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February 26, 2008


Kal Khogali

When I was based in Shanghai, a Chinese photographer Wang Gang Feng expressed that art for the sake of art is for the "artist", but that to be successful, accessibility was the key. Art for arts sake is all well and good, but the need for personal acceptance, or more precisely, the ACTUAL acceptance of your art, was a key driver for the feeling of personal success. That success is not only defined as monetary as in his case, but that personal feeling of self-esteem that goes with recognition. So though I do believe that much of that self-imposed pressure as you put it may create angst, it is driven less by our need to create significant work as measured by our own standards, but by those of others. I personally had a turning point about a month an a half ago when I asked myself the question "to be or not to be myself?"...I decided that I wanted to be me, and I wanted my pictures to be me. Am I disappointed when there is not enough interest in an image I have posted, well HELL yes! But I know that taking a picture that does not interest others should not be taken personally. Afterall as Adalberto Tirbuzi says "photographs are the dead leaves of life"...after I am gone, they will tell my story. Not anybody elses. I doubt this has helped the angst much ;))K

Jeff Seltzer

Interesting discussion. Personally, I do strive to create significant work - I don't think there's anything wrong with that. By "significant" I mean good, interesting, high-quality. What's wrong with that? I tend to post only my best images, or at least what I think are my best images. And, I admit, I get frustrated when I go through periods in which I don't product "significant" work. That's why I do things like take a BF.com class. Or, what I did the other day, a shoot with models. The purpose of these pursuits is to simply just get out shooting, to re-discover the joy. And, what happens more times than not, "significant" work emerges again.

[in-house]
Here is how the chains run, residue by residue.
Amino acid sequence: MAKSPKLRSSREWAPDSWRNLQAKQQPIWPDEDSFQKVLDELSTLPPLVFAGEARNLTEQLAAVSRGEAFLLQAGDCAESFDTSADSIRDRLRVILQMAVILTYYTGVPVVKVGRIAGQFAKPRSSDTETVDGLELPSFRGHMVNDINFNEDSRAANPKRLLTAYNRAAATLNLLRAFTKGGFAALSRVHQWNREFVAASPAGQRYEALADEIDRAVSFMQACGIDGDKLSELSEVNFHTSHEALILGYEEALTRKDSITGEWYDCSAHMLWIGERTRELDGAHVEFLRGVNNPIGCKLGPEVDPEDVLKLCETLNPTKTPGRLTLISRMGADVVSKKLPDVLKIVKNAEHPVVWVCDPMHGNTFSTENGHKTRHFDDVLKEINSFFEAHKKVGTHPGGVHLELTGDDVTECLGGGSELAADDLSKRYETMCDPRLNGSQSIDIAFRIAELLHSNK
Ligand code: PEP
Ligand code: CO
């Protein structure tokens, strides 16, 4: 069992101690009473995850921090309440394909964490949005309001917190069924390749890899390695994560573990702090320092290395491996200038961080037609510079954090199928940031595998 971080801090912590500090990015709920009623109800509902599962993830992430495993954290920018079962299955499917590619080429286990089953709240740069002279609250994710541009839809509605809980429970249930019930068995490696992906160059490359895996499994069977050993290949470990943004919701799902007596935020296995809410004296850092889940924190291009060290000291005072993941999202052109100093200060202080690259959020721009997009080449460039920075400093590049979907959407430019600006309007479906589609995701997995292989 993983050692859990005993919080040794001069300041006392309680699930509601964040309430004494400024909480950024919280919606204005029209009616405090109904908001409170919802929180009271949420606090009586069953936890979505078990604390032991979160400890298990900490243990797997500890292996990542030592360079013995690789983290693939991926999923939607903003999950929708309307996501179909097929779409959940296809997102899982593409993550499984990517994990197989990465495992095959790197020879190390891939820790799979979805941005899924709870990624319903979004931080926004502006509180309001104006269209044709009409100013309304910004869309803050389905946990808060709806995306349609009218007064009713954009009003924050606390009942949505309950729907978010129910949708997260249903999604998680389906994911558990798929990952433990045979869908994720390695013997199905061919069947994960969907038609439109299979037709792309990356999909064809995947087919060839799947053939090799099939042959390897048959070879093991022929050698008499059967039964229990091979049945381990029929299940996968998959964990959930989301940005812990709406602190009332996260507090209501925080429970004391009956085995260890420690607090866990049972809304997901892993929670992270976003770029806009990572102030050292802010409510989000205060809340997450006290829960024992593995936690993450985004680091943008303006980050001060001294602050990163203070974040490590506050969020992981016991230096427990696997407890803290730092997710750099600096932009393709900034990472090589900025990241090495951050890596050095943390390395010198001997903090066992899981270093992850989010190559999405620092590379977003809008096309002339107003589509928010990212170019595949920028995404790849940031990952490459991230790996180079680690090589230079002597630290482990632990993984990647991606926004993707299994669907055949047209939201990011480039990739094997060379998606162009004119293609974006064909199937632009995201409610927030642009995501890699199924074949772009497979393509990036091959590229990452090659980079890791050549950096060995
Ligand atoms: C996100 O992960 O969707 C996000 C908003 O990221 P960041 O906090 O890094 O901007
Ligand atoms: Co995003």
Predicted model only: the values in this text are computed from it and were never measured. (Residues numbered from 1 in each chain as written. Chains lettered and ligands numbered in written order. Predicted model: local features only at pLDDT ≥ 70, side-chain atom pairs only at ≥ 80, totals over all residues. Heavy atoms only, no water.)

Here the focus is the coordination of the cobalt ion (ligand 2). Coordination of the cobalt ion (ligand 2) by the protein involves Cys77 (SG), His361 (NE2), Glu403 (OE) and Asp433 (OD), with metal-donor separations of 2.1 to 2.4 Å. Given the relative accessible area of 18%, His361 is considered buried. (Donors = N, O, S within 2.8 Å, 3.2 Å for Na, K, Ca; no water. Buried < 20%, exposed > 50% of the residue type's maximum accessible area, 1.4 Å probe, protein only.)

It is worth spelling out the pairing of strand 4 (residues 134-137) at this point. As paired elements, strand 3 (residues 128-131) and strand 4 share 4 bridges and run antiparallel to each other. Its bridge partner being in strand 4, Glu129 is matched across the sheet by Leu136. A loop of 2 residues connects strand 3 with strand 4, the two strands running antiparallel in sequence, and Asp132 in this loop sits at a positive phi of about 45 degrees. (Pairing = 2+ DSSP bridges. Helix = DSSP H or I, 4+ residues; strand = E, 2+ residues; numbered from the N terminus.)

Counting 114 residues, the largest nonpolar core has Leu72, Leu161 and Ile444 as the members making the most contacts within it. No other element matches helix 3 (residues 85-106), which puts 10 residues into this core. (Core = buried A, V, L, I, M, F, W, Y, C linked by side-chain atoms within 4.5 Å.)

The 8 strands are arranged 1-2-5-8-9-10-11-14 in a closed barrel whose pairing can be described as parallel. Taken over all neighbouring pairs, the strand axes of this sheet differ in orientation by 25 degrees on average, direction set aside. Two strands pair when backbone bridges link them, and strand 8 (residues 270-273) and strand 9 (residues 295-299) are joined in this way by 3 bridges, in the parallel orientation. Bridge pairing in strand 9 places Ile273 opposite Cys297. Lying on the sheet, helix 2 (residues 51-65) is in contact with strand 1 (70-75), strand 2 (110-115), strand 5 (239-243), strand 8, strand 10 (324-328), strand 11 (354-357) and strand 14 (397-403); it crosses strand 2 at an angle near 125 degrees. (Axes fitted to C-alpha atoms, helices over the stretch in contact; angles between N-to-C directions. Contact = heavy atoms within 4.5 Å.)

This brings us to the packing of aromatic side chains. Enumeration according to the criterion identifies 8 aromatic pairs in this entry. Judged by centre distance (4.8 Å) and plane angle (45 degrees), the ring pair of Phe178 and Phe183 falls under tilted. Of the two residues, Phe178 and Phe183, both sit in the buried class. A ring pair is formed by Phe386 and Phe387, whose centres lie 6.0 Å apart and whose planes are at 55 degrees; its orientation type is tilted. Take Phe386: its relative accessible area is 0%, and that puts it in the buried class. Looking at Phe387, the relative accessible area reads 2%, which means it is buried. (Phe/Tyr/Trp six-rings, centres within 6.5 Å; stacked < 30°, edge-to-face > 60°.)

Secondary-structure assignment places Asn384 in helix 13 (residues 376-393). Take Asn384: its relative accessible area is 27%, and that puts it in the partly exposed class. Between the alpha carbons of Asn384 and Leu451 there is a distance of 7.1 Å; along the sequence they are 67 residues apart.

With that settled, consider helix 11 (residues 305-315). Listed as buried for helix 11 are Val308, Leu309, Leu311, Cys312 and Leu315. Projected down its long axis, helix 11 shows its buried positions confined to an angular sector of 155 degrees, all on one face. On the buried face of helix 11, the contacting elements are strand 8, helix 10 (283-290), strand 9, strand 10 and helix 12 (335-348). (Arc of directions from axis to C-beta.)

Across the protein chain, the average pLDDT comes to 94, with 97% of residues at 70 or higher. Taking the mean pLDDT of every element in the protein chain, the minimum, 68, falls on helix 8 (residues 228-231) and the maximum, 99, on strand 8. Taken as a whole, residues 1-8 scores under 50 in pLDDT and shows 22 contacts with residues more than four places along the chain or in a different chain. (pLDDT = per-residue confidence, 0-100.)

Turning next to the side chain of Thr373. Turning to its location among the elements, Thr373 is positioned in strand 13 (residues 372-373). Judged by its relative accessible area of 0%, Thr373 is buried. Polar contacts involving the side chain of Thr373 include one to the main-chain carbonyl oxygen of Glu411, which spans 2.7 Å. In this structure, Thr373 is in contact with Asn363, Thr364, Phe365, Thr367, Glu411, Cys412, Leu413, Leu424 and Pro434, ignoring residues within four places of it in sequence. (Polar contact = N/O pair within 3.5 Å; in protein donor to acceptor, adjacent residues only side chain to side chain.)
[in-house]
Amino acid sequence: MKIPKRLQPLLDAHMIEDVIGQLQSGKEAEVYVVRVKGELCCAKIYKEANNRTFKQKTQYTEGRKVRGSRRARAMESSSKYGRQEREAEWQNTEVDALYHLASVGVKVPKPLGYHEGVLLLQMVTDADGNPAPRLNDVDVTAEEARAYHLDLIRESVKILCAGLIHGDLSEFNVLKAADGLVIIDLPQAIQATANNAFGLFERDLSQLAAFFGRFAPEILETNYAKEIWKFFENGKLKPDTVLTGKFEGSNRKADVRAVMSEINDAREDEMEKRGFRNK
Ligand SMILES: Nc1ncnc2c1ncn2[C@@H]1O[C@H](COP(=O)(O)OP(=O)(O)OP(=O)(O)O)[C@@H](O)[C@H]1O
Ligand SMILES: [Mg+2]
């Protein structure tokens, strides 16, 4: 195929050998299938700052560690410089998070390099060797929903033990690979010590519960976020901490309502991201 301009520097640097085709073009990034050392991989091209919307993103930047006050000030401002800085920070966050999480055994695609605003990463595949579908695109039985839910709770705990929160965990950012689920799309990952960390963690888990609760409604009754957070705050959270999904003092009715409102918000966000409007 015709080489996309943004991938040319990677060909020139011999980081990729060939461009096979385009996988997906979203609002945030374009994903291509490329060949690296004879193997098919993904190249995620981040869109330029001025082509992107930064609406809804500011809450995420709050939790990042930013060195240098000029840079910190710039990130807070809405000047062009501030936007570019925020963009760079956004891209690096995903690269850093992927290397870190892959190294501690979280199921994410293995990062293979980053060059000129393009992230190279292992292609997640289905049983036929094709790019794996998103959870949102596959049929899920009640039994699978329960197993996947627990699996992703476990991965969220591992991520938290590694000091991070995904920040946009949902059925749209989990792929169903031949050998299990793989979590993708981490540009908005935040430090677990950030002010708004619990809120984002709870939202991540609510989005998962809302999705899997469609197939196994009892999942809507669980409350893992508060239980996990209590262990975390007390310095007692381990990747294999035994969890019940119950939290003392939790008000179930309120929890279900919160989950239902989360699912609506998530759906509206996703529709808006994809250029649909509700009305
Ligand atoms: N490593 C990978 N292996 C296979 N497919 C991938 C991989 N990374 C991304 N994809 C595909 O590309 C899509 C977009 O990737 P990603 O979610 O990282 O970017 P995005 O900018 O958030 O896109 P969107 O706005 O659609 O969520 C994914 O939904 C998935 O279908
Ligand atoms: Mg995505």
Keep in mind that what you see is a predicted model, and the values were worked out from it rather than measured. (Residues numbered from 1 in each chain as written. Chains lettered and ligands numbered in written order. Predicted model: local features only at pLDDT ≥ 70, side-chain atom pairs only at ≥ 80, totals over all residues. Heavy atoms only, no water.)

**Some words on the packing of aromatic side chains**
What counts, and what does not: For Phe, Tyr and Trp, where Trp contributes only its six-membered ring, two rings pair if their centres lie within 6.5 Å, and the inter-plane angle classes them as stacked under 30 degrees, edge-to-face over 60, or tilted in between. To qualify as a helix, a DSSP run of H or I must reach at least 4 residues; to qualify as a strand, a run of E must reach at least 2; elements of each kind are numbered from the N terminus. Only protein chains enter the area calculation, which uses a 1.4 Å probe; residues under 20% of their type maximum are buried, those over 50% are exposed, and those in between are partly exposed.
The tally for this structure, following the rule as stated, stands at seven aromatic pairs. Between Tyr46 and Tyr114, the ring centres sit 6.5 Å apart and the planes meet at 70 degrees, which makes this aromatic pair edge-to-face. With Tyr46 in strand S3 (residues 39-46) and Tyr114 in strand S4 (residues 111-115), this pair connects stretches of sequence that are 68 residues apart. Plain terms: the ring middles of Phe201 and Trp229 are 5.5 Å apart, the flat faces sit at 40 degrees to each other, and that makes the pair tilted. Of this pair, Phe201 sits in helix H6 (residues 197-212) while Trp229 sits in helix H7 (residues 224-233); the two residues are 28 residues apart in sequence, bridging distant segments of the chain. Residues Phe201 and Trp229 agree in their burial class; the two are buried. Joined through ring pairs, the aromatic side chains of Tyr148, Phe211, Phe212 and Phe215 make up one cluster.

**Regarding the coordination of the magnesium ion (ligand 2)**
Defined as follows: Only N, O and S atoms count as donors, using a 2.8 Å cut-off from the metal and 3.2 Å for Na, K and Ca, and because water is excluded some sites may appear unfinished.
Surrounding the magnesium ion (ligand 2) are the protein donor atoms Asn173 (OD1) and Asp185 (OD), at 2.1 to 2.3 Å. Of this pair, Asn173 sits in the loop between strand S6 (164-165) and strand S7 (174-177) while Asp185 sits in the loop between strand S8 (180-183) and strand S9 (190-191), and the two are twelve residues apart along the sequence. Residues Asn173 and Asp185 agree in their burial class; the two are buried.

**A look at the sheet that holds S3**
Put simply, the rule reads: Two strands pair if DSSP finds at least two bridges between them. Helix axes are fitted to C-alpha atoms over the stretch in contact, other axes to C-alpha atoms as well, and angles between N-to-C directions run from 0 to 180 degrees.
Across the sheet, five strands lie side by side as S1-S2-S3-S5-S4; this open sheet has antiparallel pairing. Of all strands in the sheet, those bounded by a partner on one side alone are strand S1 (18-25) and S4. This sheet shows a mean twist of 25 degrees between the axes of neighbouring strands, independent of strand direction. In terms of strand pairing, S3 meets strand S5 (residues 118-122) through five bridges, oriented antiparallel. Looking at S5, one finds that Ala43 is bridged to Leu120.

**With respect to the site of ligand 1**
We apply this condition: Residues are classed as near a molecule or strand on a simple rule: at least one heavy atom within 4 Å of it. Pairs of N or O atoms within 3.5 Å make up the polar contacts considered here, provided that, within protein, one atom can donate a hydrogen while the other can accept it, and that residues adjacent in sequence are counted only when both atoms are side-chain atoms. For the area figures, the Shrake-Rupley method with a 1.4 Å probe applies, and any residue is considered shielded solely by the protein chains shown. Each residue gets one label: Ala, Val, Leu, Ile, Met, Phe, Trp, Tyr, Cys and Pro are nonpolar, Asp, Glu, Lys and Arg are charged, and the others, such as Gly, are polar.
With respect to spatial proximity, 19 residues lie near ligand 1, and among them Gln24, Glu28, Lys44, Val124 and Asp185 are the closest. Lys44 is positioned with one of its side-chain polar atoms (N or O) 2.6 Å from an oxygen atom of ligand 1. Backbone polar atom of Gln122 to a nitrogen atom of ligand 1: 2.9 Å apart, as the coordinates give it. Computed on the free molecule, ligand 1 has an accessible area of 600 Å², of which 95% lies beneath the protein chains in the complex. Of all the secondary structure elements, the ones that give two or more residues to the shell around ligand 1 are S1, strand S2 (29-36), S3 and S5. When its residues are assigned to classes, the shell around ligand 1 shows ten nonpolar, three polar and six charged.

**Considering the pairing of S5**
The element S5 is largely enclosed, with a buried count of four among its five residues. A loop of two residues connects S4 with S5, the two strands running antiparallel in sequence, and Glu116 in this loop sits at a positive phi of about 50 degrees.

oy, oy.. do I have a lot to say.

Well, I think it's a broad generalization to say that we feel that "need to be 'on' all the time" - to tell the truth, it sounds like we are viewed as snobs. There is not a one of us on that site that is alike - not in images, personality, nor in our reasons for posting.

So unless someone is a mind-reader they have no idea why each individual posts and the dynamic behind it.

What we have in commen, I think, is that we went there for the reasons you say - to get away from the shallow comments and tone on Pbase. It's so enjoyable to be posting where there is the possibility of getting constructive criticism; gettiing positive feedback; starting a whole line of dialogue; OR getting nothing at all. But when you receive it, you know it's for real.

Of course, it is also taken with a grain of salt. I respect the people on LIF and their opinions, BUT that doesn't mean I agree with the criticism or the lack of comment. I post what I love.. and if only I love it, that's cool too. I know many of the photographers aren't flower lovers (even though I think my flower pics are different than the norm).. I know they get sick of snow scenes (don't we FREAKING all).. i know I don't do street work (there are no streets available at this time of year ... lol). But it's all good.

Part deux :P

I understand the angst because I go through periods of it every year. Right now the images I'm posting I love BUT I'm quite aware that a lot of them are of the same ilk - that I'm not finding a variety of subject to shoot this time of year. One thing I always tried to do was a variety, and every winter I find it very difficult and frustrating.